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So they are claiming Oxford and Cambridge are losing £200m a year between them teaching? How have they managed to fund this shortfall over the past couple of years?

It would appear that the elite Universities will become the playground of the elites.

And why not? Exactly what is the point of having money if everything has to be made available irrespective of money?

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So they are claiming Oxford and Cambridge are losing £200m a year between them teaching? How have they managed to fund this shortfall over the past couple of years?

It would appear that the elite Universities will become the playground of the elites.

Is it because that is just the shortfall based on what funding they get from government & the student fees? The colleges in Cambridge will also have sizeable funds donated from previous students, gifts, income from businesses (e.g. land leases).

I don't think they are actually going to go bankrupt in the near future but they can't afford to exist like this indefinitely.

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It doesn't. The lectures are the starting point. Add on top tutoring them weekly on a ratio of 1:1 or 1:2. Then add on the costs of the salaries for the staff that do the lecturing, the technicians and support staff that keep their labs & libraries running,the cost of the IT infrastructure that runs silently in the background, the maintenance cost of the buildings (many of them historic monuments), and the cost of heating and powering the same and you might start to get somewhere close to the cost of an Oxbridge education.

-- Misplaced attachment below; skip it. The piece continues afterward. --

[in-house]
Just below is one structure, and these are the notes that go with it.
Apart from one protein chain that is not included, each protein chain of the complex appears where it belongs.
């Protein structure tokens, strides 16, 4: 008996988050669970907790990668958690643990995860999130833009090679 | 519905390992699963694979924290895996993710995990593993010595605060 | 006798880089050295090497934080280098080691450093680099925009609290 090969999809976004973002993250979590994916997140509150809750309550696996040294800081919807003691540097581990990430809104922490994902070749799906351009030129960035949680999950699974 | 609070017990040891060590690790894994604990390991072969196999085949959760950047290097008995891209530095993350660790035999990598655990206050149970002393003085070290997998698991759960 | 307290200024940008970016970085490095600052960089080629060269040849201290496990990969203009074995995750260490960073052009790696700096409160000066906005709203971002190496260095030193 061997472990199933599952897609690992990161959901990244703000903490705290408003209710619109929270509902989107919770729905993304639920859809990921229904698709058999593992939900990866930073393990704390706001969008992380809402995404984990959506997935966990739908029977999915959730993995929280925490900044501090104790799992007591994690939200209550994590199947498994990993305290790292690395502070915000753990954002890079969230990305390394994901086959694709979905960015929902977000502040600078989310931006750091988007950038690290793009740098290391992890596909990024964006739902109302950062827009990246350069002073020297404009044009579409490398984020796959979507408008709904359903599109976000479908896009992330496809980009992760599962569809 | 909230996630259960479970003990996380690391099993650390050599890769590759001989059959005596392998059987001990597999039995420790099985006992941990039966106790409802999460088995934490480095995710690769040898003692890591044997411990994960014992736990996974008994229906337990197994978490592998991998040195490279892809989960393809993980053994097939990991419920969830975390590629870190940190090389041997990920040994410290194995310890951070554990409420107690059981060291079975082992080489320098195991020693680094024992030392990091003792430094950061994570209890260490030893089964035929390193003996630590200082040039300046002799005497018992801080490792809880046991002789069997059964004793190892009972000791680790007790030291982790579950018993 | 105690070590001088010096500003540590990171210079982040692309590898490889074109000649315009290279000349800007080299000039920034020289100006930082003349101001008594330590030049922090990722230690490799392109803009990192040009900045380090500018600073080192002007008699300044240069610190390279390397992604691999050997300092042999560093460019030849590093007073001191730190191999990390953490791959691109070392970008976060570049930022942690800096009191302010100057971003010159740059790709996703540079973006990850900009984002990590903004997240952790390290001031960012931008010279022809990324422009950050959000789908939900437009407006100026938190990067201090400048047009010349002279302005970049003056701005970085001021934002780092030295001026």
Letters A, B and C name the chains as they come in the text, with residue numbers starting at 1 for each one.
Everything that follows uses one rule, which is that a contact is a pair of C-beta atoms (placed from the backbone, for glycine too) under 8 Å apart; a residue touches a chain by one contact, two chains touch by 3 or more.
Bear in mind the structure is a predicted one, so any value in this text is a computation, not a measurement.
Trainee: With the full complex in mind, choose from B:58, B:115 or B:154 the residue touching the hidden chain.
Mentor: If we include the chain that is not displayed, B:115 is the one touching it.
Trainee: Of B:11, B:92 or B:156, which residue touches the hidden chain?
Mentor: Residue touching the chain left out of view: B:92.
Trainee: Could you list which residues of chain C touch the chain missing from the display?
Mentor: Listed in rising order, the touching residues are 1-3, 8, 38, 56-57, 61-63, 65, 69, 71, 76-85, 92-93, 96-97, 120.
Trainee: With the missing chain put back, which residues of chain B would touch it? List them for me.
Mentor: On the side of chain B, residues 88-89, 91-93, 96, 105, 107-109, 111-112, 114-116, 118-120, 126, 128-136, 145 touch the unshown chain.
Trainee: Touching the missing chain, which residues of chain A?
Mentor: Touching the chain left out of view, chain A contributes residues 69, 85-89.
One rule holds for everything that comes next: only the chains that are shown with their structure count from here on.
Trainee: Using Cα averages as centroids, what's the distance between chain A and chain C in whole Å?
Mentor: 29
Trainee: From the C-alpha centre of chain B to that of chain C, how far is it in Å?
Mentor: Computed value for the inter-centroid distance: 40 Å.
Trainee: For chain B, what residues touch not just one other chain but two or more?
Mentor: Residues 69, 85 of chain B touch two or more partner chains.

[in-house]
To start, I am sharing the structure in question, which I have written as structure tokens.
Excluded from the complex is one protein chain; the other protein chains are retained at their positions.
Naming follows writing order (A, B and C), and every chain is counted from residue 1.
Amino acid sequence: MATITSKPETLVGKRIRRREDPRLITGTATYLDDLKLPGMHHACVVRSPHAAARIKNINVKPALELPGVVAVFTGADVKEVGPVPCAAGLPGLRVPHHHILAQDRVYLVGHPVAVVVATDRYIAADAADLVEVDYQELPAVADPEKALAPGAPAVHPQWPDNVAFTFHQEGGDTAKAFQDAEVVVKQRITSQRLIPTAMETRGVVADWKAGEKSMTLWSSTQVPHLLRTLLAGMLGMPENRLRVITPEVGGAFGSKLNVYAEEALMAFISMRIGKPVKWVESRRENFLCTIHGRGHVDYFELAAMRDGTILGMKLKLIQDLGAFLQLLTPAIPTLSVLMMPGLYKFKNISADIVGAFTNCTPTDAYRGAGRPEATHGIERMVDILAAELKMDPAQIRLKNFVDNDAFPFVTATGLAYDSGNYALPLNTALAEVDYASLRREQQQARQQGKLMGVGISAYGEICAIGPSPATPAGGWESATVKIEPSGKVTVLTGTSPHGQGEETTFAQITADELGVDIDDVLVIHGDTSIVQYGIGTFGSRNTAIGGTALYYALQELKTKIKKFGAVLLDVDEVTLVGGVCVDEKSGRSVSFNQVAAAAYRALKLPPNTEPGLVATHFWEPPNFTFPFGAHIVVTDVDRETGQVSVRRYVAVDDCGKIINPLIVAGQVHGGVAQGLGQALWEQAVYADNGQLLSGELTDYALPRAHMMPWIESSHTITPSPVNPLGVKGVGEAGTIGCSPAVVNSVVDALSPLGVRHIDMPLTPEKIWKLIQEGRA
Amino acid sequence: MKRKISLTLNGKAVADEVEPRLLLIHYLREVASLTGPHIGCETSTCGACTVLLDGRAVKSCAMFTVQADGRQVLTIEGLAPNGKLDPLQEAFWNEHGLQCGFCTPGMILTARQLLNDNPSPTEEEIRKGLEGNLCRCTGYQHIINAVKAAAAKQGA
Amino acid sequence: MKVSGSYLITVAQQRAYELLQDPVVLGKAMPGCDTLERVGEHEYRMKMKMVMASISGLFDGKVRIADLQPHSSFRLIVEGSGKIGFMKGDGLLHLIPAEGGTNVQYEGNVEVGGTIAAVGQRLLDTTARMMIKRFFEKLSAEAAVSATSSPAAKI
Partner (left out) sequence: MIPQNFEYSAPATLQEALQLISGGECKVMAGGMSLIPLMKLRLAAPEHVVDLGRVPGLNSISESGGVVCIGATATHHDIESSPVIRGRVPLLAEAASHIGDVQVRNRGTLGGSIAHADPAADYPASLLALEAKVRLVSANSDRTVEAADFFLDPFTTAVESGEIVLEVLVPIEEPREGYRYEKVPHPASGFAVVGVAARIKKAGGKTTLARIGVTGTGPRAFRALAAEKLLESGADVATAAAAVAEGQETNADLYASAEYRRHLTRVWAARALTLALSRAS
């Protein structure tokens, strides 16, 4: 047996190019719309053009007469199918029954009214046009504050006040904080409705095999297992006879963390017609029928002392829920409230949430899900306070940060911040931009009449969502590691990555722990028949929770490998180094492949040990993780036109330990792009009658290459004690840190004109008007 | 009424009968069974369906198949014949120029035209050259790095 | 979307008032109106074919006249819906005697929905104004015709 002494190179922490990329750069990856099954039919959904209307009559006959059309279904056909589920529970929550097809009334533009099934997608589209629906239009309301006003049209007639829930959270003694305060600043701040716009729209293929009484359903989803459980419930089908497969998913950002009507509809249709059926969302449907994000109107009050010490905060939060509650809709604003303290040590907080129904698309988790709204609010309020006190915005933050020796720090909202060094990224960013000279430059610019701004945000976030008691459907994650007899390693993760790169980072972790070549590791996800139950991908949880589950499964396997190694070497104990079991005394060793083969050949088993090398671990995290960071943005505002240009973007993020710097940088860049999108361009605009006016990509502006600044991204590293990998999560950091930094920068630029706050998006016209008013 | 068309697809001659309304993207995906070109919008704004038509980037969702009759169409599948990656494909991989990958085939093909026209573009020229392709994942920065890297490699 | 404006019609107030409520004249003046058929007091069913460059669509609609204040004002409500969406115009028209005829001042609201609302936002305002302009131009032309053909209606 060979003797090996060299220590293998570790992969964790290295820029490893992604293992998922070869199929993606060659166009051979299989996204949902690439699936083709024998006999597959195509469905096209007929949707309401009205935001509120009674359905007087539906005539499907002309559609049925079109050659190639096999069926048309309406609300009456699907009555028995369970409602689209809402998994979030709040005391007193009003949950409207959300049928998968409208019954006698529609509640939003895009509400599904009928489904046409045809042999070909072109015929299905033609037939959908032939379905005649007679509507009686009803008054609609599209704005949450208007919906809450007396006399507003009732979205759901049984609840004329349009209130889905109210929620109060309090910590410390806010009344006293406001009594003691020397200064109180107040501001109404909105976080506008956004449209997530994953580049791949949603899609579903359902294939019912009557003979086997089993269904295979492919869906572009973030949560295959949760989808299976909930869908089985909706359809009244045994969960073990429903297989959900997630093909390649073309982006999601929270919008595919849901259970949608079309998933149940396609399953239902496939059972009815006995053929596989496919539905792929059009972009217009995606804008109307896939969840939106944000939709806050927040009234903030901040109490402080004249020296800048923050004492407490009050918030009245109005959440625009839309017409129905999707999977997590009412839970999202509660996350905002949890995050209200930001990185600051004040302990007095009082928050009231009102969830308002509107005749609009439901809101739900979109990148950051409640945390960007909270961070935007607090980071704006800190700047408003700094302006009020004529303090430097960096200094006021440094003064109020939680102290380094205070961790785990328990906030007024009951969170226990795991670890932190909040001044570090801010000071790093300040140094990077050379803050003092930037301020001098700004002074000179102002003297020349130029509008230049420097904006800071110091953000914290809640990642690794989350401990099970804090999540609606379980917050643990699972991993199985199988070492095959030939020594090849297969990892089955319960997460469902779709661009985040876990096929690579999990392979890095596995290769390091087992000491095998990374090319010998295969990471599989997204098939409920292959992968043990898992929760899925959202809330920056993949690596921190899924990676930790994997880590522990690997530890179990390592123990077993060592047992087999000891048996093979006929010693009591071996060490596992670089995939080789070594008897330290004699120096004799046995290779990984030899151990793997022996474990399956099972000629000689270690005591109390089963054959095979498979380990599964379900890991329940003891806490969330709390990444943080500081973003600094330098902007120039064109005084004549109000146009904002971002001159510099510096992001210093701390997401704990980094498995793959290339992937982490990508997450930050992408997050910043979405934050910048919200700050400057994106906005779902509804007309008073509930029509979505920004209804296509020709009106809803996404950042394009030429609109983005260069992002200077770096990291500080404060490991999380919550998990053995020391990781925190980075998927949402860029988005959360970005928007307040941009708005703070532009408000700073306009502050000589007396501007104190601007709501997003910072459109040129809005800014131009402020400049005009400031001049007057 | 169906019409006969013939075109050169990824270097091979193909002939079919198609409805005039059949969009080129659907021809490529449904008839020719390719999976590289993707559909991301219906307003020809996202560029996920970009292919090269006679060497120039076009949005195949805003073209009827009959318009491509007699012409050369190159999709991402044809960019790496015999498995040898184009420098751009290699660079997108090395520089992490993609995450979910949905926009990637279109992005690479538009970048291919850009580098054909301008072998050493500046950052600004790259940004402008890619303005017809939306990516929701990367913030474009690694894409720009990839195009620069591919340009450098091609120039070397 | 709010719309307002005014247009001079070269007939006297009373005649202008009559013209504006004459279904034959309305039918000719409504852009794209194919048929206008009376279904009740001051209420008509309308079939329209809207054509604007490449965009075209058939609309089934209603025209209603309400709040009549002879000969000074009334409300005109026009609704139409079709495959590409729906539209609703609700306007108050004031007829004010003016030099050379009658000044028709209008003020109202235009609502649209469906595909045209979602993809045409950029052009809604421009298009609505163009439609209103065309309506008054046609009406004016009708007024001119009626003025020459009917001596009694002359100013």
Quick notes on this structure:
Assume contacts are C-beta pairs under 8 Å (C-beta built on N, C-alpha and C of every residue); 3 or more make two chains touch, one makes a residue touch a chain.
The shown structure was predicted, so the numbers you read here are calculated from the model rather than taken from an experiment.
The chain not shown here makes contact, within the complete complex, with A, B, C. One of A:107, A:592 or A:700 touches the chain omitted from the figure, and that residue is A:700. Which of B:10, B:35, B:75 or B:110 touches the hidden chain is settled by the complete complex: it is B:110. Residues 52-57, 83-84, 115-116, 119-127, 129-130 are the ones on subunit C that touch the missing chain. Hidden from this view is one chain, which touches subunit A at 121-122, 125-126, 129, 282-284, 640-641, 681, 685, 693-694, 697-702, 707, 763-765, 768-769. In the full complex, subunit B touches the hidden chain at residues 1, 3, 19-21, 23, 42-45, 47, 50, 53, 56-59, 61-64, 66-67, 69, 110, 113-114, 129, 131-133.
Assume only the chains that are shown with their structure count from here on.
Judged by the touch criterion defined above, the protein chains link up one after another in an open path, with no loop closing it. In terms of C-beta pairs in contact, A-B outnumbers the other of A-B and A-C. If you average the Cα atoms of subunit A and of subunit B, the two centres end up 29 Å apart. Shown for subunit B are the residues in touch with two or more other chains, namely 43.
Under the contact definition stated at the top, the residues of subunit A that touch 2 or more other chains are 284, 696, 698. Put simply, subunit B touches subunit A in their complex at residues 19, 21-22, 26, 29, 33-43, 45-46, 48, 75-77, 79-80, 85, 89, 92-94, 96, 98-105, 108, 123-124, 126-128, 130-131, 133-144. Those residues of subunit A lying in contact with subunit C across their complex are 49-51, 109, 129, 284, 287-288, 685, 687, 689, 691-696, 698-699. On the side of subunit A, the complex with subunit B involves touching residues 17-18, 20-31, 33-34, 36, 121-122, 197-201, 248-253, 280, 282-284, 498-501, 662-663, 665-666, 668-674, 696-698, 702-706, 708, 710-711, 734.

but when we ask our students (especially EU/overseas) why they want to study in the UK, they say 1.English language. 2.small group tutorials (something you do not find outside the anglo-saxon world) .

wrt salaries, what i (as an academic) get absolutrly irate about is this constant bleating from bankers, CEO's etc that they will leave the country if they are not paid enough. To me academia is the one area of activity where this is the absolute reality, there is very free and frequent movement of staff internationally in top-level academia.

British academia is still world class, compare that to cars, ships, textiles, banks etc. it almost as though the govt have a desire to stamp out anything the outside world thinks is good (i.e. will pay for) about the UK. I put it down to some sort of british disgust for people making money from innate ability as opposed to having the right background

Edited by debtlessmanc

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Not without employing a lot more lecturers, or reducing the workload in other areas for the existing ones in order to absorb the 33% increase in their teaching load that would result from condensing the same degree programme from three years down to two.

Plus the massive existing pension liabilities for the university courses the boomers took for free.

Oh wait... we aren't allowed to talk about that are we...

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Can someone explain how sitting in a lecture hall with sometimes hundreds of other student, about 10-15 hours a week costs 16,000GBP.

The best private schools in the country with 10 kids per class, offering 30 hours teaching costs a little less then this.

Or is it a case the undergraduates are funding the universities to do research.